Rankings show startups favor some buzzwords a lot more than others – Crunchbase News
As any buzzword lover will tell you, the words startups choose to describe their businesses change a lot over time.
This makes sense, as emerging tech companies are always focused on the next big thing. Usually, the words to describe what they do have only recently appeared.
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We turned to data from Crunchbase to get a feel for the hottest terms for startup company descriptions. The resulting ranking for trending tech terms examines criteria such as the number of company descriptions containing the term, the amount of money they have raised, and the top individual funding recipients.
Click to see the ranking of the best buzzwords:
General findings and random observations
One point to remember is that it often doesn’t take long for a term to become ubiquitous in the startup world. Take NFTs or non-fungible tokens. Neither the term nor the acronym was even approximately until 2017. The term only gained wider public awareness in March, with a headline of $ 69 million auction of an NFT by artist Beeple.
Or consider DeFi, or decentralized finance. The first mainstream media mentions we found online for DeFi, a blockchain-based form of financing that doesn’t rely on central intermediaries, date back to 2019.
Once a buzzword takes off, it can quickly seem ubiquitous. Google News has over 30 million matches each for NFT and DeFi. Other popular terms in the startup world, such as “no-code”, “remote-first” and “metaverse” are also gaining ground.
Where startups might be missing
If you’re a startup, there are a million things you need to worry about, and the buzzword you use to promote your business or build your pitch deck may not seem like a priority.
However, data searches offer reason to believe that founders may miss opportunities to be found by interested investors. In particular, the query results seem to show a bias towards user-friendly terms and less emphasis on buzzwords that might attract VCs the most.
For example, cryptosecurity venture capital investments have increased tenfold from last year, according to Crunchbase analysis. However, according to our query, there were only two companies with the term “cryptosecurity” in their descriptions, and none of the major funding recipients, including Firewall ($ 489 million) and register ($ 468 million), used the term.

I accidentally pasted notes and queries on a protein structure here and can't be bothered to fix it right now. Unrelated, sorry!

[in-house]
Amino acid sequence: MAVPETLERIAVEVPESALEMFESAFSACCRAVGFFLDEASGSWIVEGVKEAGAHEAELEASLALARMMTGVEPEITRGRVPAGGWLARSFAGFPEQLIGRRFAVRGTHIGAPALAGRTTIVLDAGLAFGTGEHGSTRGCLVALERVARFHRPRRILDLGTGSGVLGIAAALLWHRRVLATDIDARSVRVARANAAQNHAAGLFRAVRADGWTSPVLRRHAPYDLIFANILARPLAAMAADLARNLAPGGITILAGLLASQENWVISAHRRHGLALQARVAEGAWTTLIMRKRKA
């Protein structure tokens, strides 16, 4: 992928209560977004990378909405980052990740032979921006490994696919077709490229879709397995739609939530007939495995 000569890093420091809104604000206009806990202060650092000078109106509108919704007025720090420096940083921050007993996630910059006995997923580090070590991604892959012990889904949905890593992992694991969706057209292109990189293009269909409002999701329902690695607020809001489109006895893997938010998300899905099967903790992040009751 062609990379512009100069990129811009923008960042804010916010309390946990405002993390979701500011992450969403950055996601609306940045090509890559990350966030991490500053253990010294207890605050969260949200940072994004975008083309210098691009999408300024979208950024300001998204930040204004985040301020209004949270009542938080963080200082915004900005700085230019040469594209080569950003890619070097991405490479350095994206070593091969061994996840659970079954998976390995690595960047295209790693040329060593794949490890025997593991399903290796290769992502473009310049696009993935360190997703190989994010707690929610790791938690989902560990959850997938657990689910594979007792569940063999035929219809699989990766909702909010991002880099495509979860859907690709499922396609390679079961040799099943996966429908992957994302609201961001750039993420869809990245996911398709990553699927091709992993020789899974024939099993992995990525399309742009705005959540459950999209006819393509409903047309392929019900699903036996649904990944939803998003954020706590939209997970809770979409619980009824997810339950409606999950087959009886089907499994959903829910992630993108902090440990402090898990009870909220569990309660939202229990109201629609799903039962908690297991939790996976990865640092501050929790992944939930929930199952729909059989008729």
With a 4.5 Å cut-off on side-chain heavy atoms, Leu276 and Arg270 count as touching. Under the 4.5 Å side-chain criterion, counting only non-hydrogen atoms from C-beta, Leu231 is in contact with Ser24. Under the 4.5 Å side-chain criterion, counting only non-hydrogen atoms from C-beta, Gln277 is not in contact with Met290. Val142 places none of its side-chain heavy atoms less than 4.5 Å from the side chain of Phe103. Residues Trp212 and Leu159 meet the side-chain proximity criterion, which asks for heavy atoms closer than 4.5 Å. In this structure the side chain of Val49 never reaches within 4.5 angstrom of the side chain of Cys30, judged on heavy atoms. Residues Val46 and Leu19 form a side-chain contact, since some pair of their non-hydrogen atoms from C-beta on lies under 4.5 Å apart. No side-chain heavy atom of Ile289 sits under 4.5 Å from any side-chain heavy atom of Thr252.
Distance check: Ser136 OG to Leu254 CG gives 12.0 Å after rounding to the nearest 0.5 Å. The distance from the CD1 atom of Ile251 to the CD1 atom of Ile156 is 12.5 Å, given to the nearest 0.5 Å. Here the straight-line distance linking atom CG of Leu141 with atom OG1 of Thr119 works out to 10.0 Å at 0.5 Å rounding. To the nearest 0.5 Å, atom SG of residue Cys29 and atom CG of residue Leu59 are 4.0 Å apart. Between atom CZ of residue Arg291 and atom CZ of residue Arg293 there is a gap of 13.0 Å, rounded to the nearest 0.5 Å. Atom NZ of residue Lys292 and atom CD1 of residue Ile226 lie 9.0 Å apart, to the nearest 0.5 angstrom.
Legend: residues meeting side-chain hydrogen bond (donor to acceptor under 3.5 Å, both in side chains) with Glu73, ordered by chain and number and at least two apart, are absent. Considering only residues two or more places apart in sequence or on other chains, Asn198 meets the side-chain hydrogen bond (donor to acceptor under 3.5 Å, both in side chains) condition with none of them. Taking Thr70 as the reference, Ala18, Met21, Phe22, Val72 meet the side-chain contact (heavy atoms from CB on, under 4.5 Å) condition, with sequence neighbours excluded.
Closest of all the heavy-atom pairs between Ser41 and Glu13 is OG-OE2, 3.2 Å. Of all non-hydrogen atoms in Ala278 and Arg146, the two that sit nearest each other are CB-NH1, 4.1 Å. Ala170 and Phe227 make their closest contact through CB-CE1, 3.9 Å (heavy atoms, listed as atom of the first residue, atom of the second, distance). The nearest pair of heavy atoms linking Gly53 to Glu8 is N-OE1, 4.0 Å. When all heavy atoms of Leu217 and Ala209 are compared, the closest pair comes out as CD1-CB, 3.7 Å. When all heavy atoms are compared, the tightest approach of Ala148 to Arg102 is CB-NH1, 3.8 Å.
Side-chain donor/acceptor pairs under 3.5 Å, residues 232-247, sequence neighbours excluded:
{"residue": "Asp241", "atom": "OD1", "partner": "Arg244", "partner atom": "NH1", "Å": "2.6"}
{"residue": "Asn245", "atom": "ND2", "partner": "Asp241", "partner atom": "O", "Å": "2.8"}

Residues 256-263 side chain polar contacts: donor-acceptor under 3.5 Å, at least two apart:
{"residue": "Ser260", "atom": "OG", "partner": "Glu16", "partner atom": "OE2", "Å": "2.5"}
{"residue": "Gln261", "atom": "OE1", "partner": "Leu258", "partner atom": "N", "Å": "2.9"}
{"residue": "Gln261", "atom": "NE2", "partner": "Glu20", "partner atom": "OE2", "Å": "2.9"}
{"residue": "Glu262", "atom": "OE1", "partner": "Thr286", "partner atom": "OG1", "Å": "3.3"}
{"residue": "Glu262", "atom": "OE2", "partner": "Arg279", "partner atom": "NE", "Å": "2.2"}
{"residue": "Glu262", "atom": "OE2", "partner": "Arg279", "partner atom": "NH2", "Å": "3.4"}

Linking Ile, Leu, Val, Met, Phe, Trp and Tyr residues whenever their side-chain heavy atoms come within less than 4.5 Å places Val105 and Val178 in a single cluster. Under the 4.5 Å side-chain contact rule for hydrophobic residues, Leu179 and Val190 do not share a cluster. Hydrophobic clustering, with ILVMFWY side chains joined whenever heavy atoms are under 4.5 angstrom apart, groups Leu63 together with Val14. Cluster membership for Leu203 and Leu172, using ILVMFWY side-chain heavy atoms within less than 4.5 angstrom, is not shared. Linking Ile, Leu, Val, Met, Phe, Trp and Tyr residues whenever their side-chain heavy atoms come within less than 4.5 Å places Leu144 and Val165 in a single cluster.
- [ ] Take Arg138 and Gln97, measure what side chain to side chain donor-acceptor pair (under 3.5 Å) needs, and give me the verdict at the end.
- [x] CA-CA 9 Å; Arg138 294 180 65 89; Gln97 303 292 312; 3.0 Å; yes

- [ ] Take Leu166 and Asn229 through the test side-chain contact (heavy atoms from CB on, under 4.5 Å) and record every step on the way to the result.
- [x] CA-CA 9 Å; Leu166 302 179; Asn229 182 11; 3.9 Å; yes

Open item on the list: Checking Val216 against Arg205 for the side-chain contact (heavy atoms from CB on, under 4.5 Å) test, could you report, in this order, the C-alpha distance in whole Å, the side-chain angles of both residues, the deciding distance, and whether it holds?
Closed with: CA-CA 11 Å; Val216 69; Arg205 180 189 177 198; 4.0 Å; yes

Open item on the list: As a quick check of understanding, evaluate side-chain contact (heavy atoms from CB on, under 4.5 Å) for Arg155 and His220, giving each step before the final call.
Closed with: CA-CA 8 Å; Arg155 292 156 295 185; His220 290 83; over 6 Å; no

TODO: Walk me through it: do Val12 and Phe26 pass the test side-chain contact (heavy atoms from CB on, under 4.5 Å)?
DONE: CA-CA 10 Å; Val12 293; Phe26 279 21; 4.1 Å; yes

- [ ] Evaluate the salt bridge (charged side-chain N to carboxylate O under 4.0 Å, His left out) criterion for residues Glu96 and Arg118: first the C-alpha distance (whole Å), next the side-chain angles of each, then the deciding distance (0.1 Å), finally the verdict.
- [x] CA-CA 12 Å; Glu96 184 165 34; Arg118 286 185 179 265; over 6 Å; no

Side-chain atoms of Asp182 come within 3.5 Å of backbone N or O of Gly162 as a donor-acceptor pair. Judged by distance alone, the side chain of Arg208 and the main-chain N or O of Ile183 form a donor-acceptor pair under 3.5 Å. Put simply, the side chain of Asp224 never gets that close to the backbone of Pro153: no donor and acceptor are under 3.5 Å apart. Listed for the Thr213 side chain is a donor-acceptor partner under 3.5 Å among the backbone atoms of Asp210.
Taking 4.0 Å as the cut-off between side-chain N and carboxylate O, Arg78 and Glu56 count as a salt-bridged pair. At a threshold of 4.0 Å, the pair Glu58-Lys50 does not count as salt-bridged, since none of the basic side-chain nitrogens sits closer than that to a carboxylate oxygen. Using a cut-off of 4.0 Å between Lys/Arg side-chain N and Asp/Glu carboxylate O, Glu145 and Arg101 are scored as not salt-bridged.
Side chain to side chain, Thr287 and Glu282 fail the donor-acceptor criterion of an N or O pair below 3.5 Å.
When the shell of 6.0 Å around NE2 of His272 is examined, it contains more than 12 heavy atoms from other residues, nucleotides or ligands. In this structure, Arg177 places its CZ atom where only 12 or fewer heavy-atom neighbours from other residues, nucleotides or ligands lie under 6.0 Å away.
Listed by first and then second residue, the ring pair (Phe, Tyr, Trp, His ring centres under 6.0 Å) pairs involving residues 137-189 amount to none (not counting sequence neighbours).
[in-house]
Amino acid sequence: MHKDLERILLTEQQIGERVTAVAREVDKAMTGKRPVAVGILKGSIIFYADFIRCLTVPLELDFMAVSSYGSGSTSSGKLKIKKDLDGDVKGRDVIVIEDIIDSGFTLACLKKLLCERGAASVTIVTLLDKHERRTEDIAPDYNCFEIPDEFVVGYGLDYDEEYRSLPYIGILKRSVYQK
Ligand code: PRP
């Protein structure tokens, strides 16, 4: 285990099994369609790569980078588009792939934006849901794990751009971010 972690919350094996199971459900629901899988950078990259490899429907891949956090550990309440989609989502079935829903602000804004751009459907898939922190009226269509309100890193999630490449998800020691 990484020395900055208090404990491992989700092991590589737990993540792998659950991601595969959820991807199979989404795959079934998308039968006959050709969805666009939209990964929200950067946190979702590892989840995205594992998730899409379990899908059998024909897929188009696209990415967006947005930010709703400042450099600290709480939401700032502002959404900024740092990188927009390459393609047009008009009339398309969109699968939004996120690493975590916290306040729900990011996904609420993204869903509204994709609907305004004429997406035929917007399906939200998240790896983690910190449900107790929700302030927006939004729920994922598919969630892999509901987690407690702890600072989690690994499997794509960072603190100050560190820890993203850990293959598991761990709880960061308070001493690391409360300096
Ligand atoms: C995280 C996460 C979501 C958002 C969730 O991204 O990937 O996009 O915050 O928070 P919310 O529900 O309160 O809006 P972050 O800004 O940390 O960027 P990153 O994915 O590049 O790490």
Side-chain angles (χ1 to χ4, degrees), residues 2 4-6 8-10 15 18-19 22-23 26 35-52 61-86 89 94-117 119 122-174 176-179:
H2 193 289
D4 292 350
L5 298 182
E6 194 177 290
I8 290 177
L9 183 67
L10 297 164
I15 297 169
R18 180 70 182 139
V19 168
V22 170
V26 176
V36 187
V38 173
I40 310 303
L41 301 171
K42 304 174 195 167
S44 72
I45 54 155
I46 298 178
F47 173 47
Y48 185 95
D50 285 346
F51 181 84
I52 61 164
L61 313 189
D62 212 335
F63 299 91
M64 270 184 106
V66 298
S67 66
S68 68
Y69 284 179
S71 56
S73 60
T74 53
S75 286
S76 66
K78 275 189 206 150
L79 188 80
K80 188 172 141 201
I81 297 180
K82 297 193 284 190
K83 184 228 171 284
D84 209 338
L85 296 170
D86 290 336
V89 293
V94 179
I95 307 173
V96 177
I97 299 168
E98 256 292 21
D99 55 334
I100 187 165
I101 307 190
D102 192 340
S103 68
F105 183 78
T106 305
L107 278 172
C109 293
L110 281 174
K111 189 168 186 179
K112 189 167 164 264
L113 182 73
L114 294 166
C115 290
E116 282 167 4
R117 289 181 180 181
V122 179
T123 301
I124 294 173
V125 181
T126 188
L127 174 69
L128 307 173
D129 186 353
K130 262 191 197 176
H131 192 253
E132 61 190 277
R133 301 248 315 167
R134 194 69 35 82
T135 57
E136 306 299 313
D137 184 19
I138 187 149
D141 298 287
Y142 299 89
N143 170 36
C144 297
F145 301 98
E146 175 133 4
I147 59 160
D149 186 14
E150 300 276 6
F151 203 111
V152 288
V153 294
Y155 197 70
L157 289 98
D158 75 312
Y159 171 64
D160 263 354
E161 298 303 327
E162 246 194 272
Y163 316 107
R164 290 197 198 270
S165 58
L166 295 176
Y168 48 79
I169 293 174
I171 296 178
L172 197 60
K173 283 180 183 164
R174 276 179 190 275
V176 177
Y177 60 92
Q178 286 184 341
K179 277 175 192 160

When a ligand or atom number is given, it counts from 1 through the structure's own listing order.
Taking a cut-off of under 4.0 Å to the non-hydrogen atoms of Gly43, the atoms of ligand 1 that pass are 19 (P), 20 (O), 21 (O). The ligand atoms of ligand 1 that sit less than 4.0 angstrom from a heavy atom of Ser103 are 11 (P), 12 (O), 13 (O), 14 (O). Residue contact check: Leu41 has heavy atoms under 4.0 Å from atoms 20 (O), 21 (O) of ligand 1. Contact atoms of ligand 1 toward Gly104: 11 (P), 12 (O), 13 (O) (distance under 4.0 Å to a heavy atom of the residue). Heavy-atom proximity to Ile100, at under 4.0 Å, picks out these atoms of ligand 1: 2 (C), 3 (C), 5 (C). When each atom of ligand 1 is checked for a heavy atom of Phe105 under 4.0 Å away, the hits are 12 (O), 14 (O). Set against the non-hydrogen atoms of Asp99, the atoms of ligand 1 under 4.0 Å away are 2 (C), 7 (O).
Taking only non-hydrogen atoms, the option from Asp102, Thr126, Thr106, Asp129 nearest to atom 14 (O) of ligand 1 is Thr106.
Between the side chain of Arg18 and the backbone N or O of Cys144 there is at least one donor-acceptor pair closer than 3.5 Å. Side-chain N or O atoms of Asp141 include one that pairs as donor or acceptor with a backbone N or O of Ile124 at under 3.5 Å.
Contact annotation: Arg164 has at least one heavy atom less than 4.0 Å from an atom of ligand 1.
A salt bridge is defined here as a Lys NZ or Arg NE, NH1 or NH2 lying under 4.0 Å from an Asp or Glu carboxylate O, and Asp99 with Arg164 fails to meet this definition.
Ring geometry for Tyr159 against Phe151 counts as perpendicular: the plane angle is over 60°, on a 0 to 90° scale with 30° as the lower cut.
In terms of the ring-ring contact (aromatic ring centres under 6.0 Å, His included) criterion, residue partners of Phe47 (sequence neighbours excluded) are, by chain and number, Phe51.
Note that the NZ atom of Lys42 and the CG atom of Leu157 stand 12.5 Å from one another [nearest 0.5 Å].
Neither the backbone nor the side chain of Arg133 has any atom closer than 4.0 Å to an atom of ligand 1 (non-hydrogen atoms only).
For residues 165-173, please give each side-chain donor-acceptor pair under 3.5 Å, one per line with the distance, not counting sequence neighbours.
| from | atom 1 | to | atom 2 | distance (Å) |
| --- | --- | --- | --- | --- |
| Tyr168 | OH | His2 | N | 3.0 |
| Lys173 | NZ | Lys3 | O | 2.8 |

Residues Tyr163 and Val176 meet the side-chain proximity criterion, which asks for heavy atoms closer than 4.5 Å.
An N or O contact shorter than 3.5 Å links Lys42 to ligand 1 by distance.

So, if you are a trendy crypto-security company, you probably don’t need any help wooing investors. But a startup that just stepped out of the door might want to alert investors to its existence with a focus on cryptosecurity.
We also researched âhyperautomatization,â a term for the technology used to advance automation capabilities within an organization, which was selected by Gartner Group and other trend watchers as a leading tech buzzword. But this one wasn’t very popular among startups either, with just 15 companies including the term in their descriptions.
Both sides of the remote control and the hybrid
On a final note, it should be observed that the slogans around remote work and hybrid work in business descriptions are a bit different from the other buzzwords we polled. Indeed, they can refer either to the target industry of a startup (a recruitment platform for remote recruitment, for example) or to the startup itself (a remote game developer, for example). Funding totals cover investment in remote / hybrid workforce startups and remote or hybrid workforce startups.
Funded companies include those that have raised $ 50,000 or more in disclosed equity investments. For this set of queries, we focused only on businesses that specifically use the designated buzzword in the business description portion of their Crunchbase profile. We did not investigate whether the company is primarily focused on the specific industry, we only looked at the use of the term in the description of the company.
Photo by Piotr Åaskawski on Unsplash.
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